|Release Date:||November 20, 2012|
|Reviewed On:||Xbox 360|
|Also available on:||PC. PS3|
Hitman Absolution is actually the fifth game in the Hitman series from IO Interactive and Square Enix. We took a look at the Xbox 360 version but the game is also available on PC and PS3.
Players were first introduced to the bald-headed assassin, Agent 47, back in 2000 in Hitman: Codename 47 on the PC. The game then went multiformat with new releases every 2 years until Hitman: Blood Money released in 2006. Six years have passed and everyone’s favourite assassin is back in Hitman Absolution.
Absolution follows on from the events of Blood Money and begins after Agent 47’s long-time handler Diana Burnwood goes rogue. After sabotaging and publicly exposing the International Contract Agency (ICA) it reforms and they take out a hit contract on her. Naturally Agent 47 accepts the contract and discovers he must also return with a young girl named Victoria. The hit on Diana serves as the prologue to Absolution and the mission is used as the games tutorial. There’s little flexibility in how you approach it and the outcome is predetermined.
The game features five difficulty levels to cater for players of all skill levels. If you’re new to the series you might want to begin on the easiest difficulty. Fans of the series will be more suited to Normal or Hard on their first playthrough. The difficulty level affects all manner of things including number of enemies, how quickly they react to spotting you and also how your helper ability Instinct behaves.
Instinct is a kind of intuition mode that 47 can activate to help him in a variety of ways. It allows you to track enemies through walls as well as see their patrol paths when they are moving. Objects that you can interact with become highlighted and hints on how to use them are also given. When faced with multiple enemies you can use Instinct to enter a special shooting mode that allows you to tag enemies and dispatch them quickly. Instinct can also be used to prevent enemies from recognising you when walking close to them.
Once past the tutorial you are given a lot more freedom in how you tackle your objectives across the sixteen chapters of the game. Objectives normally require you to take out a particular target or move to a particular area. Hitman Absolution is designed as a stealth game but you can go in shooting if you desire. Your actions are constantly monitored and an ever present score indicates how you are doing. Despite being allowed to play your own way the game does tend to reward stealth play and punish you when you get spotted.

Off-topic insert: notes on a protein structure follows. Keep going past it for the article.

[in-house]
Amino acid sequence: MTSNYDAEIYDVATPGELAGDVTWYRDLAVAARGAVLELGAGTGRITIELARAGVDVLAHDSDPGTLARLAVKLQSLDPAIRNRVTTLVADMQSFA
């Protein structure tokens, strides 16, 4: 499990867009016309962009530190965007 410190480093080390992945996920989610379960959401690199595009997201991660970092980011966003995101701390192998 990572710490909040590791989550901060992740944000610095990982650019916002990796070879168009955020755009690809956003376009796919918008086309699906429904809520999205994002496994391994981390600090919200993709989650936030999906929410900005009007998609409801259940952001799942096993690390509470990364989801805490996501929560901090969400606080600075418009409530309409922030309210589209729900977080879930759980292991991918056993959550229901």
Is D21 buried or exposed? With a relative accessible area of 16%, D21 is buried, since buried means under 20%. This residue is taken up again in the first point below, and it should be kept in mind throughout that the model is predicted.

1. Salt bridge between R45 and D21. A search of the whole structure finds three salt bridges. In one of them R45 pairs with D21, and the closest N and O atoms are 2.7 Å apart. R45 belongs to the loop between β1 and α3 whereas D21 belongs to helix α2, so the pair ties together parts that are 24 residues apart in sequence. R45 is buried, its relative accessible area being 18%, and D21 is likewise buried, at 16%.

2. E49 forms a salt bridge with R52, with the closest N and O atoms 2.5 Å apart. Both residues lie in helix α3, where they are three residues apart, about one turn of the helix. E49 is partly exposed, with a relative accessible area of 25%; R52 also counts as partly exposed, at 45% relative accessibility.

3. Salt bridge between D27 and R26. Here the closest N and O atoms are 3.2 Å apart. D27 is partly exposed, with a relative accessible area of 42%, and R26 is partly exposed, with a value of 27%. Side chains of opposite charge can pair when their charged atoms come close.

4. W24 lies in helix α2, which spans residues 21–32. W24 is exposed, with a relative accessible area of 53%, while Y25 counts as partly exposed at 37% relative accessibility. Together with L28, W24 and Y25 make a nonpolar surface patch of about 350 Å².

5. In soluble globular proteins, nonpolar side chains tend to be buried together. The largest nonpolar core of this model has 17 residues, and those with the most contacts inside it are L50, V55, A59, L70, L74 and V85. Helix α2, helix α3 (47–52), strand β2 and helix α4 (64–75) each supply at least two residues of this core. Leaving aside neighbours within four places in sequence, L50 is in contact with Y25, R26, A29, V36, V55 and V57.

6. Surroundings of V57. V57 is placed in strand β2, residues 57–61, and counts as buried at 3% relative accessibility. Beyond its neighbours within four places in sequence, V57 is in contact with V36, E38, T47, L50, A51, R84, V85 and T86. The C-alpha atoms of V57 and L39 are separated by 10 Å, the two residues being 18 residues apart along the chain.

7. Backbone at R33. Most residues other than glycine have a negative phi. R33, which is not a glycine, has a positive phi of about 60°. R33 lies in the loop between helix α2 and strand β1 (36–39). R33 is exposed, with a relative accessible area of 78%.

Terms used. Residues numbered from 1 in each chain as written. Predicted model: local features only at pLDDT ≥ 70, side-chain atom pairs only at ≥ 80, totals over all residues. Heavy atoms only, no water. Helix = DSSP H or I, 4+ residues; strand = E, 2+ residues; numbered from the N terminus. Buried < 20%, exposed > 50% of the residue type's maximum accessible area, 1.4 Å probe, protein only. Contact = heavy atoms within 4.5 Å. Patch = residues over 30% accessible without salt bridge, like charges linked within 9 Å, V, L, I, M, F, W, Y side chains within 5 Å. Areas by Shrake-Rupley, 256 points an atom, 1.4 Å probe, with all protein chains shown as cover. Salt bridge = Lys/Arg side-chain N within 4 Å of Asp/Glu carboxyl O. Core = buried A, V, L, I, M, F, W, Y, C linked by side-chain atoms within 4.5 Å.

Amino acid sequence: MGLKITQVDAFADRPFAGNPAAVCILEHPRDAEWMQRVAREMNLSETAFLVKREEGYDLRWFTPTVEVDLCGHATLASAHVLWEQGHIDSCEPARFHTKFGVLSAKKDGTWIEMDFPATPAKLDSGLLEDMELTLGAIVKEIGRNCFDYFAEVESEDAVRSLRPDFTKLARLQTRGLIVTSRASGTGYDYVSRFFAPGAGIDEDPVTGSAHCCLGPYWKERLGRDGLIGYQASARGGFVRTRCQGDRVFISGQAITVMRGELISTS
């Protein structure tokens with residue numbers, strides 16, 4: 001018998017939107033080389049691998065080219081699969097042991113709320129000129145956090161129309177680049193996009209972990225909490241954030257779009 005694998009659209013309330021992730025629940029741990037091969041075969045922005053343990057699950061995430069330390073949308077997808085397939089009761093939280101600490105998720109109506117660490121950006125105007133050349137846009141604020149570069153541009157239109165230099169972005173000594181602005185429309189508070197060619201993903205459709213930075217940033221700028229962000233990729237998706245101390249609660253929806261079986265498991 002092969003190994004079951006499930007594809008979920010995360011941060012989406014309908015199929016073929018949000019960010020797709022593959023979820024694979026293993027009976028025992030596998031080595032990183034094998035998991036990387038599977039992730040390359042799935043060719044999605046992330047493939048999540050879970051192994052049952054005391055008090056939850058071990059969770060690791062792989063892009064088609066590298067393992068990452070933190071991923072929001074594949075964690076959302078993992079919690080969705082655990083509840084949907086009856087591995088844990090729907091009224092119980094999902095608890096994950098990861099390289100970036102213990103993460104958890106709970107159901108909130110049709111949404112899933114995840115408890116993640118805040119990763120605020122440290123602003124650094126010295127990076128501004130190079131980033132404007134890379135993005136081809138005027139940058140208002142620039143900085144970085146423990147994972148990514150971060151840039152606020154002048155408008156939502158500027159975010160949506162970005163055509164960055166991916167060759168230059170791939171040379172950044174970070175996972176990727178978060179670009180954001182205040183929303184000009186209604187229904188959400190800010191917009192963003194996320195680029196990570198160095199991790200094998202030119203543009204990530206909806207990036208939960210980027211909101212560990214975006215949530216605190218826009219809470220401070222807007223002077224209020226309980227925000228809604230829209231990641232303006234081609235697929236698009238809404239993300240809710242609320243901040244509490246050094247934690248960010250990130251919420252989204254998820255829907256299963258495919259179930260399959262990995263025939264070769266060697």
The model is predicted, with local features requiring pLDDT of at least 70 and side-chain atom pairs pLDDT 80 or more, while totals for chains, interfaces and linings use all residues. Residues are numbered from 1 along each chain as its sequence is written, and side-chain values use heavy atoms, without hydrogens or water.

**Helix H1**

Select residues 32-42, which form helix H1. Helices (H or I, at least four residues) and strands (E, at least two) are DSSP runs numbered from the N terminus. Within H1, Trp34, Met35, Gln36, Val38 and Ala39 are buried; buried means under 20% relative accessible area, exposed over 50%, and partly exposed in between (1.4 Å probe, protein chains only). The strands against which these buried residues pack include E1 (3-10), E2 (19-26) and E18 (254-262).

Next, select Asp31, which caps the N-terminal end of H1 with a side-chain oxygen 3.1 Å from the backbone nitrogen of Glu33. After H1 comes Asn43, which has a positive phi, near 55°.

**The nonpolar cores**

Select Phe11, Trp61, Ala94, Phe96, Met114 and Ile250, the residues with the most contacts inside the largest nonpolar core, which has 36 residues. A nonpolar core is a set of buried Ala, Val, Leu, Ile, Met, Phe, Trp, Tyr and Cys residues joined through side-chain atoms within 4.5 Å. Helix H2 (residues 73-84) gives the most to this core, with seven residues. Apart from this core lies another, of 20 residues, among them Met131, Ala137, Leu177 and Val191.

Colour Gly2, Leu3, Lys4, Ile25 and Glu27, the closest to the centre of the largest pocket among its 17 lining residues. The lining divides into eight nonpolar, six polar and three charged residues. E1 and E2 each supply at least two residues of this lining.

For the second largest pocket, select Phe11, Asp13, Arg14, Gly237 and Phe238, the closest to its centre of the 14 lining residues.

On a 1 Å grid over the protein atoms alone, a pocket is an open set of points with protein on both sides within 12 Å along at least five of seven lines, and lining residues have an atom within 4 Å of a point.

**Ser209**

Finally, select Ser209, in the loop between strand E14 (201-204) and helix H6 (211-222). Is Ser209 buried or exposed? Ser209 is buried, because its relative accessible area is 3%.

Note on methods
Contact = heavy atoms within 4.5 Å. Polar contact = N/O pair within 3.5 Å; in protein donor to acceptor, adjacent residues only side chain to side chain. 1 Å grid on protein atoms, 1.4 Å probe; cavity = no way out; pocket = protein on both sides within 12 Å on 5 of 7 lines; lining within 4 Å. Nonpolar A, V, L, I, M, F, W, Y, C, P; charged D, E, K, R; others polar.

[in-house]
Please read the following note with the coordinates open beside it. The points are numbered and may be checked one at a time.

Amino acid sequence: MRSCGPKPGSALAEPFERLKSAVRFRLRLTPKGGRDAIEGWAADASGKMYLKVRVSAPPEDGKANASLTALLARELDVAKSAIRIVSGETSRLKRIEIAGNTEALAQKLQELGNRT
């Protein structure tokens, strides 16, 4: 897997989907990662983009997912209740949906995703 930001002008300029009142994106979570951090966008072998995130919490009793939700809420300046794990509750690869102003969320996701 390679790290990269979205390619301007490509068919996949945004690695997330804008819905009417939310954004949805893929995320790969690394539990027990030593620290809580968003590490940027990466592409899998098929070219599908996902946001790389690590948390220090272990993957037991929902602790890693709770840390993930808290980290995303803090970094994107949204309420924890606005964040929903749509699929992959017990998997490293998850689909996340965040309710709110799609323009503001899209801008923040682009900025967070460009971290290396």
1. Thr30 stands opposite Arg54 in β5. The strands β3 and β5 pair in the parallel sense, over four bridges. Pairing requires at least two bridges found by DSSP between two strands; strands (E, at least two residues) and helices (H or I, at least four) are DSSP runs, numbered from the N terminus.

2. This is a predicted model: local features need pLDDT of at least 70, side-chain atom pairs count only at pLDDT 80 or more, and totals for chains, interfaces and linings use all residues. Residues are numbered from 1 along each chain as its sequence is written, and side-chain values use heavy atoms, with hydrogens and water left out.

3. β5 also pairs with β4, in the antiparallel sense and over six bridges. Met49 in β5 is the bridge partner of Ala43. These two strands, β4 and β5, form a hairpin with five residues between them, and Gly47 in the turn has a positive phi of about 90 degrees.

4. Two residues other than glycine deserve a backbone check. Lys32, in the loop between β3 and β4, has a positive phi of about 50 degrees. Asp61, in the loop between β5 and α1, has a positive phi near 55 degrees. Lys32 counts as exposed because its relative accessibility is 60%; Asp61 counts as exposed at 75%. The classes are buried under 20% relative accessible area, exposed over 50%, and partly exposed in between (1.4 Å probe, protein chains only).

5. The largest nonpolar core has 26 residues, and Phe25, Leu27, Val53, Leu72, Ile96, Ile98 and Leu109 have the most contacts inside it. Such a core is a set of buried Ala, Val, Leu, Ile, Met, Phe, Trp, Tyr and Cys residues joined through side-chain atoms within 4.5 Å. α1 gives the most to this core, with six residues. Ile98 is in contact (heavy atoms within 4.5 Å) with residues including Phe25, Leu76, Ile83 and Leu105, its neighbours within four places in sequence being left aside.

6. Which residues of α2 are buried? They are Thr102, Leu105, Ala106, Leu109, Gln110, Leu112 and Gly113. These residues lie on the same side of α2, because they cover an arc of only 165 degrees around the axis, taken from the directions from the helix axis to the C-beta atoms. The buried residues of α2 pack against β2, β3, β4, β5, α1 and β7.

When you do get spotted you have a variety of options available. You might choose to deal with the situation with force, feign surrender or flee. Pretending to surrender is our favourite as it lets you get close to the enemies and then take them out with devastating close combat moves.
As well as the scoring system each mission features many challenges that you can complete. Examples might be hiding a certain number of bodies or wearing a certain disguise. The challenges give you clues to how to complete the mission and there are plenty of them which rewards multiple playthroughs. Completing challenges is also made worthwhile as they grant score multipliers.
The game is incredibly rewarding when you find a way to beat a situation. Taking your time is necessary if you’re going for stealth so observing enemies and listening in to their conversations is essential before you decide on your next move. You might choose to subdue an enemy or kill them but you should always take care to cover your tracks by moving and hiding the bodies so as not to alert others to your presence.
One of our biggest gripes with Absolution is the lack of a proper save system. Instead the game relies on checkpoints which you can choose to activate. When things go bad and you end up dead you can go back to a previous checkpoint but this often means you have large amounts of a mission to reply again. When up against some of the more difficult missions replaying the same portions becomes rather frustrating. At times we also found the controls to be a little clumsy which led to us dying unnecessarily.
In addition to the single player campaign the game features online leaderboards and a competitive contracts mode. The contracts mode is a fantastic twist on player created content that allows you to replay the single player missions and turn them into challenges for the community. While playing you can select up to three targets and the game monitors how you play to create objectives for other players who take on your contract. Each contract gets its own leaderboard and challenging and beating friends is great fun.
Graphically Hitman Absolution looks absolutely stunning thanks to IO Interactive’s Glacier 2 engine. The art direction is excellent and the environments are incredibly detailed and very realistic. The character models are also detailed with some great animation. The game is able to render large amounts of people and many of the environments feel really alive. The voice acting also deserves a mention with many brilliant performances from the well-known cast.
Hitman Absolution is a brilliant game and another great entry for the series. The game feels more approachable for newcomers than previous entries. The freedom of choice when tackling missions brings fantastic replayability and when coupled with the online leaderboards will keep players coming back for a long time. If you enjoy stealth games or are already a fan of the series then Hitman Absolution is a highly recommended purchase.